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danielFiuza

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Hello Everyone,

I am trying to write the intersection of a physical problem in the most compact way.

I am not really familiar with Set Theory notation, but I think it has the answer.

It is about the intersection of two circular areas:

- Area 1: A

- Area 2: B

If I want to write this in Set Theory notation:

Until this point everything is okay. But I have an extra condition

- Extra condition: intersection area always smaller than B (or in other words, the intersection area needs to be contained in B).

(ie. The maximum intersection area can not be larger than B)

How can I write this? Is there any short mathematical symbol for that?

Kind regards,

Daniel

PS: Physically, I am trying to describe a situation as the following one:

' A jet of water of radius R1 impinging against a wall with a hole of radius R2, misaligned from the opening. The water is driven through the intersection area, given that the intersectio area is smaller always that the hole radius R2'

1) For a perfectly aligned jet with the opening:

- If the radius of the jet R1 is smaller than the opening radius R2, all the fluid from the jet goes inside. -> R1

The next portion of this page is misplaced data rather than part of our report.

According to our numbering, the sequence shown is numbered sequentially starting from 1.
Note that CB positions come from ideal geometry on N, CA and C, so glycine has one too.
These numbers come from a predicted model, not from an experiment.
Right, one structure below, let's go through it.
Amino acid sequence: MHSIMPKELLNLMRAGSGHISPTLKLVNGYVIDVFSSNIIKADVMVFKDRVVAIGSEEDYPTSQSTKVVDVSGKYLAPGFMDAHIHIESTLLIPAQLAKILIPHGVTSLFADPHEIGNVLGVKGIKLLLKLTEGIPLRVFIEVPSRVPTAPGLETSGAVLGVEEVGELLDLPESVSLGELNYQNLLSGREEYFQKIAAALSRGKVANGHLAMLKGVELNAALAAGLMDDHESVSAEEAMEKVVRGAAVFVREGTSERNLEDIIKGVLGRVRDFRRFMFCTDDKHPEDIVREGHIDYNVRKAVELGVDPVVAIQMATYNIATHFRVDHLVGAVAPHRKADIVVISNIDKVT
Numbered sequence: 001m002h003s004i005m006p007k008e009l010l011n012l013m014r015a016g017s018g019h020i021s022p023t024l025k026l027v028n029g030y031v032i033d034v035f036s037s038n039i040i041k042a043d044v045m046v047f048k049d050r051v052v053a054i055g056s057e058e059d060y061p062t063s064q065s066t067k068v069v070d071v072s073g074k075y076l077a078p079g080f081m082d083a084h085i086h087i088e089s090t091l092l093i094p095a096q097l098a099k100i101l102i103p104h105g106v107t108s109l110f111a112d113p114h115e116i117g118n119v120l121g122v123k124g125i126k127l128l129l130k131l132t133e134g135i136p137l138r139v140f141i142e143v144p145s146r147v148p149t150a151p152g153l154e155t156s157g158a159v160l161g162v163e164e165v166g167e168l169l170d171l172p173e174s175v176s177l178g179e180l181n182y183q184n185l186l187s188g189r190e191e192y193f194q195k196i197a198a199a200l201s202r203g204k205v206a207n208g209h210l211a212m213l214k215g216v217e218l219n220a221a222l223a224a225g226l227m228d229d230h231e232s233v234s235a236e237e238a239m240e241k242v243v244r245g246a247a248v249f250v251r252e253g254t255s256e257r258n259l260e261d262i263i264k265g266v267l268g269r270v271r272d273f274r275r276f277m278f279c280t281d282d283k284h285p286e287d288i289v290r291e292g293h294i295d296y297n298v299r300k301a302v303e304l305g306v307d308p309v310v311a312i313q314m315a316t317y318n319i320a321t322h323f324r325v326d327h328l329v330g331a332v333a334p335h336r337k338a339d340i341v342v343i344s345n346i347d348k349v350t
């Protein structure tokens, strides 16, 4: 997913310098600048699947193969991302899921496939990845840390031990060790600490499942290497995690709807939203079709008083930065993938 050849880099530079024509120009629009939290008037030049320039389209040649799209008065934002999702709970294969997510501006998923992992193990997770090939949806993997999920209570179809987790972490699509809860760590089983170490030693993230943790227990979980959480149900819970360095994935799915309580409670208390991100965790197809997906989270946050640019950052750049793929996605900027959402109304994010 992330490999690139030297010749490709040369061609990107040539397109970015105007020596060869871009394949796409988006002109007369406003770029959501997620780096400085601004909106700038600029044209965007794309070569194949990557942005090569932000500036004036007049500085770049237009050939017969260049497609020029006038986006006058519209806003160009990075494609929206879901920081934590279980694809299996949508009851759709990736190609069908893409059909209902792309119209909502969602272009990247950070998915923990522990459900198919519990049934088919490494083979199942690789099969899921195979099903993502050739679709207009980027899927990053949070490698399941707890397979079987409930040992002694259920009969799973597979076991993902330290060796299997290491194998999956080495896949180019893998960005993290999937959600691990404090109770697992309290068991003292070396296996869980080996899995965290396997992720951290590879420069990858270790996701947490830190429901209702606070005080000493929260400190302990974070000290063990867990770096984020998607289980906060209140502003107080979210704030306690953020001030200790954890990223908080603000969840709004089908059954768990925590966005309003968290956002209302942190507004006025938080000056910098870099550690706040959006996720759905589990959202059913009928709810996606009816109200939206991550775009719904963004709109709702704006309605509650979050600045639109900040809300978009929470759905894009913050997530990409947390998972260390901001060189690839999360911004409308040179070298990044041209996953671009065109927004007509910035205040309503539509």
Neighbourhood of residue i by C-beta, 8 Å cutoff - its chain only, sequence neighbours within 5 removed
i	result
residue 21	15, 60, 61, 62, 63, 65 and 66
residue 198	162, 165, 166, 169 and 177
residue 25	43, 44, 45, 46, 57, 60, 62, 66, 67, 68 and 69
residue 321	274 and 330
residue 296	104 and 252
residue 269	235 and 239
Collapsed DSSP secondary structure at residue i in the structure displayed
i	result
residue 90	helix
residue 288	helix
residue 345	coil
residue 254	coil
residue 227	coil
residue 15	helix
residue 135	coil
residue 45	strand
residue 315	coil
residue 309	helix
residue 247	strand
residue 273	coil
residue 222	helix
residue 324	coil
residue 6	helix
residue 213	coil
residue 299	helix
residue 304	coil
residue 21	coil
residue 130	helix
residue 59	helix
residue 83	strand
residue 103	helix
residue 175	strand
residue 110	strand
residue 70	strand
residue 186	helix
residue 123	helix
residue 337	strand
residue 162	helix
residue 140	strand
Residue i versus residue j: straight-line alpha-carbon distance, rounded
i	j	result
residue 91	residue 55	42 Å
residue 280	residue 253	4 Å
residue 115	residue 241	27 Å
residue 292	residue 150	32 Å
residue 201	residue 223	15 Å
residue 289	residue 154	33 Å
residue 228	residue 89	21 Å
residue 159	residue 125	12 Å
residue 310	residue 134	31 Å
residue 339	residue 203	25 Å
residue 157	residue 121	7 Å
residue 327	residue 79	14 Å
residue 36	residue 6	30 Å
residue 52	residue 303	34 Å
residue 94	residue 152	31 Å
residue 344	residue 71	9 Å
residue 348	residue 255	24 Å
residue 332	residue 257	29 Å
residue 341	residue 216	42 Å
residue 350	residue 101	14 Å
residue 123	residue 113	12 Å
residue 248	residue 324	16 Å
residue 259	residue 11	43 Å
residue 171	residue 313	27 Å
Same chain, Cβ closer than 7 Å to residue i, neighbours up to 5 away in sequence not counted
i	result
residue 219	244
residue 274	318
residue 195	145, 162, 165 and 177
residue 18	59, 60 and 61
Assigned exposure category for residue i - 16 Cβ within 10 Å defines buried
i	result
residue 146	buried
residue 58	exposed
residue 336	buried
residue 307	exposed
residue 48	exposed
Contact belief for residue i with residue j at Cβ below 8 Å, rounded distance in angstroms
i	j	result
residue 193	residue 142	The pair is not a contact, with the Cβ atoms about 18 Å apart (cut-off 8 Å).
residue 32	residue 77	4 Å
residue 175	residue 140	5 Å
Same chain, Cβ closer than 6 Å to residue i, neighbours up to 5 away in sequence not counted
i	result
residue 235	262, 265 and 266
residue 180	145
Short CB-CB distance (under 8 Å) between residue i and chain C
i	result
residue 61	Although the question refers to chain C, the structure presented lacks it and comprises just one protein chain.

- If the area of the jet R1 is larger than the hole area R2, only the area R2 drives fluids-> R2

2) Then extending this for different misalignments.

I am trying to write the intersection of a physical problem in the most compact way.

I am not really familiar with Set Theory notation, but I think it has the answer.

It is about the intersection of two circular areas:

- Area 1: A

- Area 2: B

If I want to write this in Set Theory notation:

**A_intersection = A ∩ B**Until this point everything is okay. But I have an extra condition

- Extra condition: intersection area always smaller than B (or in other words, the intersection area needs to be contained in B).

**A_intersection = min{A ∩ B, B}**(ie. The maximum intersection area can not be larger than B)

How can I write this? Is there any short mathematical symbol for that?

Kind regards,

Daniel

PS: Physically, I am trying to describe a situation as the following one:

' A jet of water of radius R1 impinging against a wall with a hole of radius R2, misaligned from the opening. The water is driven through the intersection area, given that the intersectio area is smaller always that the hole radius R2'

1) For a perfectly aligned jet with the opening:

- If the radius of the jet R1 is smaller than the opening radius R2, all the fluid from the jet goes inside. -> R1

- If the area of the jet R1 is larger than the hole area R2, only the area R2 drives fluids-> R2

2) Then extending this for different misalignments.

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